Home and Community Care Digest, 7(4) November -0001
Obesity among the Retired Population: Who is at Risk?
AbstractThis study examined whether retirement was associated with weight change among older men and women. Women, who retired from blue-collar jobs and were normal weight upon retiring, were more likely to gain weight following retirement. Association between retirement and weight change was not evident among men. This study suggests that specific population groups, such as women retiring from blue-collar jobs, can experience significant weight gain following their retirement, health professionals should be able to identify potentially high-risk groups for obesity and other health conditions. With this information, health professionals may offer appropriate and tailored preventive efforts to this population. Background: This study determined whether retirement was associated with either weight gain or weight loss among older men and women. Obesity is a national health crisis and an aggravating factor in the onset of several health conditions. Knowing factors which can influence weight change can help policy-makers and health professionals identify potential targets and initiate tailored interventions for preventive efforts. Retirement is a common life event which may lead to weight changes as a result of lifestyle changes, such as being less physically active and having less structured meal times. Therefore, this study examined whether or not the retired population was at risk of obesity.
Methods: A sample of 4,815 men and 5,335 women aged 53 to 63 were interviewed every 2 years between 1994 and 2002. Weight change was expressed as percent change in Body Mass Index. Weight change was defined as having at least a 5% decline in weight from the previous time point (weight loss), having at least a 5% increase in weight from the previous time point (weight gain), and not having a significant change in weight from the previous time point (no change). Participants were categorized into two groups; those who reported retiring during the 2-year period and those who remained in the workforce. The relationship between retirement status and weight change was examined. A separate analysis was conducted for individuals who were identified as overweight/obese and normal weight at the time of retirement, individuals who retired from blue-collar and white-collar professions, and for men and women.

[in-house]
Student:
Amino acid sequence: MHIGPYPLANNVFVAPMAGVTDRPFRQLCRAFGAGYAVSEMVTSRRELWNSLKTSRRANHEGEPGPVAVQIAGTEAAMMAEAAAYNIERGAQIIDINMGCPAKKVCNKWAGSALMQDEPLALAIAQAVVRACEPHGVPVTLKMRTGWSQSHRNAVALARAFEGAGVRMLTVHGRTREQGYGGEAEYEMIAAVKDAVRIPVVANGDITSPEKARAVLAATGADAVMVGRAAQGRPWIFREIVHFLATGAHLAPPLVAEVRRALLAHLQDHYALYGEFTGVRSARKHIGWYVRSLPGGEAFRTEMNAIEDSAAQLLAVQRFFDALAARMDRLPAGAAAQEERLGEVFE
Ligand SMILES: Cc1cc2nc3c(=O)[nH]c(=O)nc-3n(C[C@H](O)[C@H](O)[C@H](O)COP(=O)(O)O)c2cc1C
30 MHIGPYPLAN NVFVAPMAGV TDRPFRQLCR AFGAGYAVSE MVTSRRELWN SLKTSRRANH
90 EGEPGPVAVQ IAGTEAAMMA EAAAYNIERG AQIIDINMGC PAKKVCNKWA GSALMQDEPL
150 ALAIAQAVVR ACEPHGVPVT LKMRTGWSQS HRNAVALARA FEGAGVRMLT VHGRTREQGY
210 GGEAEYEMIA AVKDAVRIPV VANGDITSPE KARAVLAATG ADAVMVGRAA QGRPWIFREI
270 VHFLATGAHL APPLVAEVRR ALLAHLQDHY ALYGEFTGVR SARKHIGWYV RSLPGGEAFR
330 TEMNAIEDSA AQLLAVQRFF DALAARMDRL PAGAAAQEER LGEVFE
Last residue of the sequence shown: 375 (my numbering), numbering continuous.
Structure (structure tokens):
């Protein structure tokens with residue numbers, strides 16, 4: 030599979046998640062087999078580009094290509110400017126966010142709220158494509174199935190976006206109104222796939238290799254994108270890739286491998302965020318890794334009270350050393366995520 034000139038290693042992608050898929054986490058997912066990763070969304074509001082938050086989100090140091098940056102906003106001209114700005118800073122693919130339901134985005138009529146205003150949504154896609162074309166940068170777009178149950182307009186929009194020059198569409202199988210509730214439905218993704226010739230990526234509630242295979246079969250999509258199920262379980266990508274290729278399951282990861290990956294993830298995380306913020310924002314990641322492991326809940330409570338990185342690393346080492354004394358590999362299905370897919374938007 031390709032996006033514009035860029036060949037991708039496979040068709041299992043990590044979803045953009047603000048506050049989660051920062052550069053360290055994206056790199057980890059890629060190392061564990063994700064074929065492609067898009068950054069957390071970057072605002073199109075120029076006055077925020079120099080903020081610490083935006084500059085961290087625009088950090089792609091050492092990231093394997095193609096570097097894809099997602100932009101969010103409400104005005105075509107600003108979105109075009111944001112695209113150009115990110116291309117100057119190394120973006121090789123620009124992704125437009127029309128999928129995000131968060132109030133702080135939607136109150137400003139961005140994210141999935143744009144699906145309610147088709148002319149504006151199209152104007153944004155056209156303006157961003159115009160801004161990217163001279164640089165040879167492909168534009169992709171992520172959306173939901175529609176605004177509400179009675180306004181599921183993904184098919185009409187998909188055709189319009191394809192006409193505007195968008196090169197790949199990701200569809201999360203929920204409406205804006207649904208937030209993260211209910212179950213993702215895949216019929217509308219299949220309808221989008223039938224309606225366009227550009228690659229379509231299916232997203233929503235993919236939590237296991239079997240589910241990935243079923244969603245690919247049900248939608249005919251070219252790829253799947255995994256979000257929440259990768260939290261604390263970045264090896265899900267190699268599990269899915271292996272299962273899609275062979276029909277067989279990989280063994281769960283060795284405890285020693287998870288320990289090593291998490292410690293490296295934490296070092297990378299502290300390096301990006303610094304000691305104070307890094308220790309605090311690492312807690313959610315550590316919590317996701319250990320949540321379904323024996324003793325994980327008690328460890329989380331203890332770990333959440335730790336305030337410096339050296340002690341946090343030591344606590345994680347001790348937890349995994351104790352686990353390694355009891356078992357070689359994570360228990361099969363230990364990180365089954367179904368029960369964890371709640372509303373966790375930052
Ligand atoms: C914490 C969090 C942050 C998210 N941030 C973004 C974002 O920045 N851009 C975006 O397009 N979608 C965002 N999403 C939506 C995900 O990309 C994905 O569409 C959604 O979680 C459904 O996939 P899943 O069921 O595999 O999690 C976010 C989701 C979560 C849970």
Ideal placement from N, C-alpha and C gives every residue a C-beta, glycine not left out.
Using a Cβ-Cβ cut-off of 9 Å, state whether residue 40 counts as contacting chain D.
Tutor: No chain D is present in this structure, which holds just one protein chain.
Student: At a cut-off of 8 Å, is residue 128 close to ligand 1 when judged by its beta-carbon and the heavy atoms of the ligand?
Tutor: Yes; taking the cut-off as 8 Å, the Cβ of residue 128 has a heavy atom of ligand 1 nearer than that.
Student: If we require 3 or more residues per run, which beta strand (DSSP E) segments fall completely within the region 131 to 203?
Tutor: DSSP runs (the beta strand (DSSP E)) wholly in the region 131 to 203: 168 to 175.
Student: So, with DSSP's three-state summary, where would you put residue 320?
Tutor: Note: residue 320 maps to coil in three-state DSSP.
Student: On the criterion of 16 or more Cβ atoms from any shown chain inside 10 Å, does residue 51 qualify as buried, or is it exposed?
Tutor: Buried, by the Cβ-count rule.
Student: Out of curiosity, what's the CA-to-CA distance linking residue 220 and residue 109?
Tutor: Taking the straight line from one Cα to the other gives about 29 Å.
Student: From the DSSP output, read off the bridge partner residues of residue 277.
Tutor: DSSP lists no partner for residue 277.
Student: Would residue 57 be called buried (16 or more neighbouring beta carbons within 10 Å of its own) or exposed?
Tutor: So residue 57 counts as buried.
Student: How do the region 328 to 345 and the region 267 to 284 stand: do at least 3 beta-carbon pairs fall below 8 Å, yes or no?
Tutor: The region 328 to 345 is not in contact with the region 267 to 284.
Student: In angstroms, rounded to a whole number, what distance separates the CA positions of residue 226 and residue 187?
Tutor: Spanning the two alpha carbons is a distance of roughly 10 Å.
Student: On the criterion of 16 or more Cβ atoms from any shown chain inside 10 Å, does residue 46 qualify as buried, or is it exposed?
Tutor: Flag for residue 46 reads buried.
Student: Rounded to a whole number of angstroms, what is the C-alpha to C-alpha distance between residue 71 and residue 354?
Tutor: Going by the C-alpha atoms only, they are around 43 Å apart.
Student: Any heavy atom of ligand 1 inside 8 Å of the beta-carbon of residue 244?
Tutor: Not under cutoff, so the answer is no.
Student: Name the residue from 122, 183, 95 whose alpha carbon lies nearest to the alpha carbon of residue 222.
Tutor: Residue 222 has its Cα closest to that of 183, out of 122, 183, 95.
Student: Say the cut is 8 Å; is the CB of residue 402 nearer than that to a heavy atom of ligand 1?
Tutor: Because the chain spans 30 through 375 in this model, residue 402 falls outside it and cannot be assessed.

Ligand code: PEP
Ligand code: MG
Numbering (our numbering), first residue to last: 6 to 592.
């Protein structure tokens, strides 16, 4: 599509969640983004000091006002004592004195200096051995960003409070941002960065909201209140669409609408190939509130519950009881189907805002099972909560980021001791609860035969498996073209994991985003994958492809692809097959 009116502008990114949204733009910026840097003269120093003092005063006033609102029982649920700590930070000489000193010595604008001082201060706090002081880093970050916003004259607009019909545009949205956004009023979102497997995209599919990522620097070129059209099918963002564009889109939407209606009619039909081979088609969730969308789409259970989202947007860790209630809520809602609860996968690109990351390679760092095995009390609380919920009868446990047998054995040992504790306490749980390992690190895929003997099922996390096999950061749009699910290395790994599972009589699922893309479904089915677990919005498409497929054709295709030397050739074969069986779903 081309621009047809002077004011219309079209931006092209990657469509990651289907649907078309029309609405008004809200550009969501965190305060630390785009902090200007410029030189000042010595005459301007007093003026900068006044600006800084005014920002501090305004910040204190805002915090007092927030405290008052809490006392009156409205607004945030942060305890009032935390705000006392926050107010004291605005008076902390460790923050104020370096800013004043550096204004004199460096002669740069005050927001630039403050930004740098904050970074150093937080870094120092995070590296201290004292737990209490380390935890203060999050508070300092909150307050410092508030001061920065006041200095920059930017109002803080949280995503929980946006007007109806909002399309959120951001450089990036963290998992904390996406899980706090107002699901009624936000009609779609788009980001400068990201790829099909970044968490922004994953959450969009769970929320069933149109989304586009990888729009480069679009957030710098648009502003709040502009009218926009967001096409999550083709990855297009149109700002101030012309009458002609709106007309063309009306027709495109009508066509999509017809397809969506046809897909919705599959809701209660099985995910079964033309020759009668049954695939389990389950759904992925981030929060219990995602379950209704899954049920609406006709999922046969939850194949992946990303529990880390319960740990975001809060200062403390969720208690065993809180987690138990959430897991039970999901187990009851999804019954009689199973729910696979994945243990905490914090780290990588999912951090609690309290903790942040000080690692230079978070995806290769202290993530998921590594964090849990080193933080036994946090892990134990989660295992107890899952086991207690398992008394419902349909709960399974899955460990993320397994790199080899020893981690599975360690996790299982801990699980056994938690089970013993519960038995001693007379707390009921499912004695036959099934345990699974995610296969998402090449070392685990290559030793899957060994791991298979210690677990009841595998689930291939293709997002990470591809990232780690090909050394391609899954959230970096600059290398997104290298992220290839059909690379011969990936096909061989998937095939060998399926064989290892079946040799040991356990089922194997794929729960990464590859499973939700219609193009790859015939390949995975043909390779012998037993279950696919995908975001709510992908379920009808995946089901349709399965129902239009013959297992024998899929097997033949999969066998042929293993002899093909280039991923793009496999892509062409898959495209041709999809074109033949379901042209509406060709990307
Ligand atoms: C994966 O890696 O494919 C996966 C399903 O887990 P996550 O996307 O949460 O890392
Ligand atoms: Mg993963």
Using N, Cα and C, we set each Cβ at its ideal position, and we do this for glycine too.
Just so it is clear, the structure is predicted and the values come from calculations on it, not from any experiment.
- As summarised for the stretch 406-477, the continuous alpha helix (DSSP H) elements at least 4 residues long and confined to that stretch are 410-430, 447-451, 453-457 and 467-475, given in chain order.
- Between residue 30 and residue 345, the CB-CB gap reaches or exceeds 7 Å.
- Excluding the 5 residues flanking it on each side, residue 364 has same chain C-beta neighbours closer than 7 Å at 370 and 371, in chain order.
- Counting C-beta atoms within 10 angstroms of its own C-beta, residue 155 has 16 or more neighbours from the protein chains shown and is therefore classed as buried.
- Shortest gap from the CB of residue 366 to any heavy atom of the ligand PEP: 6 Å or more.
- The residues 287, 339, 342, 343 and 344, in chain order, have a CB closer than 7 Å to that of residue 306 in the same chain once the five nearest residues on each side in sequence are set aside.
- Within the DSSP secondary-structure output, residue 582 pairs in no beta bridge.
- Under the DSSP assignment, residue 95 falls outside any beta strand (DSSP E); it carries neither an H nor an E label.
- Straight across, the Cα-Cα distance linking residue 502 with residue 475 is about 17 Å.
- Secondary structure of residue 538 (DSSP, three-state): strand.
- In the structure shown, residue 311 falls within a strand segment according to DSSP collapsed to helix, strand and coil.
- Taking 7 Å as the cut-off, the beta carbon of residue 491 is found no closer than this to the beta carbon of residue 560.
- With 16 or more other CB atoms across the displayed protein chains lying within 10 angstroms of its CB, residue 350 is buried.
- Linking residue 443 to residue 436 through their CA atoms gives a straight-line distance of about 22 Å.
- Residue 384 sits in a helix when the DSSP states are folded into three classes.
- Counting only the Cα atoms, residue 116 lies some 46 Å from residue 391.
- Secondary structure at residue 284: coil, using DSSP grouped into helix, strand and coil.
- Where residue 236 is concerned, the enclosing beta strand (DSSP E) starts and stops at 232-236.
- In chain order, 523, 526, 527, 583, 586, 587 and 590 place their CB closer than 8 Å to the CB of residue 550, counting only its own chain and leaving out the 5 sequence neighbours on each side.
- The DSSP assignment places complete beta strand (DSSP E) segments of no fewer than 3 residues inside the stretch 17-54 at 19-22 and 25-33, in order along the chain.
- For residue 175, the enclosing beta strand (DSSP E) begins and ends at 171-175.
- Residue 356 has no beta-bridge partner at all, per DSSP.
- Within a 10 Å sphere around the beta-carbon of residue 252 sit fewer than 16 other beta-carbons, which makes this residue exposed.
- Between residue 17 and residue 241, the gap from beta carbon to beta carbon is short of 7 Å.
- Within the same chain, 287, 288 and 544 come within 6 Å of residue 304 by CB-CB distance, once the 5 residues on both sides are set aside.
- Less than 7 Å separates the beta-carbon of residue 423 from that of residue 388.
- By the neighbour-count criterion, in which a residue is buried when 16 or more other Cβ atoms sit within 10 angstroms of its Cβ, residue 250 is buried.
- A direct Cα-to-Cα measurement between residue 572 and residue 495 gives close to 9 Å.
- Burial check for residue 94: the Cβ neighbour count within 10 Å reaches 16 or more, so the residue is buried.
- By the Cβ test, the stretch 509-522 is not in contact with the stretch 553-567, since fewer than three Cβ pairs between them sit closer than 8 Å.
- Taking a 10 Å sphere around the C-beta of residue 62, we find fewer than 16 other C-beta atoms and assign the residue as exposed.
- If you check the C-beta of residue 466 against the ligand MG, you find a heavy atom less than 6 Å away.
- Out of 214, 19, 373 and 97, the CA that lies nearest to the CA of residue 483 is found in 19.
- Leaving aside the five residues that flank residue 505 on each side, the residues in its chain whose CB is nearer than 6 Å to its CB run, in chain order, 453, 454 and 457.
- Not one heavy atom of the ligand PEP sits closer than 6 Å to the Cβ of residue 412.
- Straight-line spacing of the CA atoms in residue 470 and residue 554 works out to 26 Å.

Findings: Women who retired were more likely to gain weight than women who continued to work at least 20 hours per week. This association was evident among women who had normal weight upon retiring but not for women who were overweight at the time of retirement. With respect to the type of work, the association between retirement and weight gain was found among women who were working in blue-collar professions, but not among those who were working in white-collar professions. No association between retirement and weight change was found among men.
Conclusions: Retirement was associated with at least a 5% weight gain among women working in bluecollar professions, who were of normal weight upon retirement. However, the results were not significant for men. These findings have important implications for improving the health of older adults retiring from the workforce. Knowing that specific population groups (i.e. women retiring from blue-collar jobs) can experience significant weight gain following their retirement, health professionals can identify potentially high-risk groups for obesity. Moreover, given the strong association between obesity and cardiovascular diseases, this finding contributes to our understanding of factors leading to the onset of other health conditions among older adults. With this information, health professionals may offer appropriate and tailored preventive efforts to this population. For example, health professionals can raise awareness regarding this issue, especially among women approaching the age of retirement.
Forman-Hoffman VL, Richardson KK, Yankey JW, Hillis SL, Wallace RB, Wolinsky FD. Retirement and weight changes among men and women in the Health and Retirement Study. The Journal of Gerontology. 2008; 63B: S146-S153.
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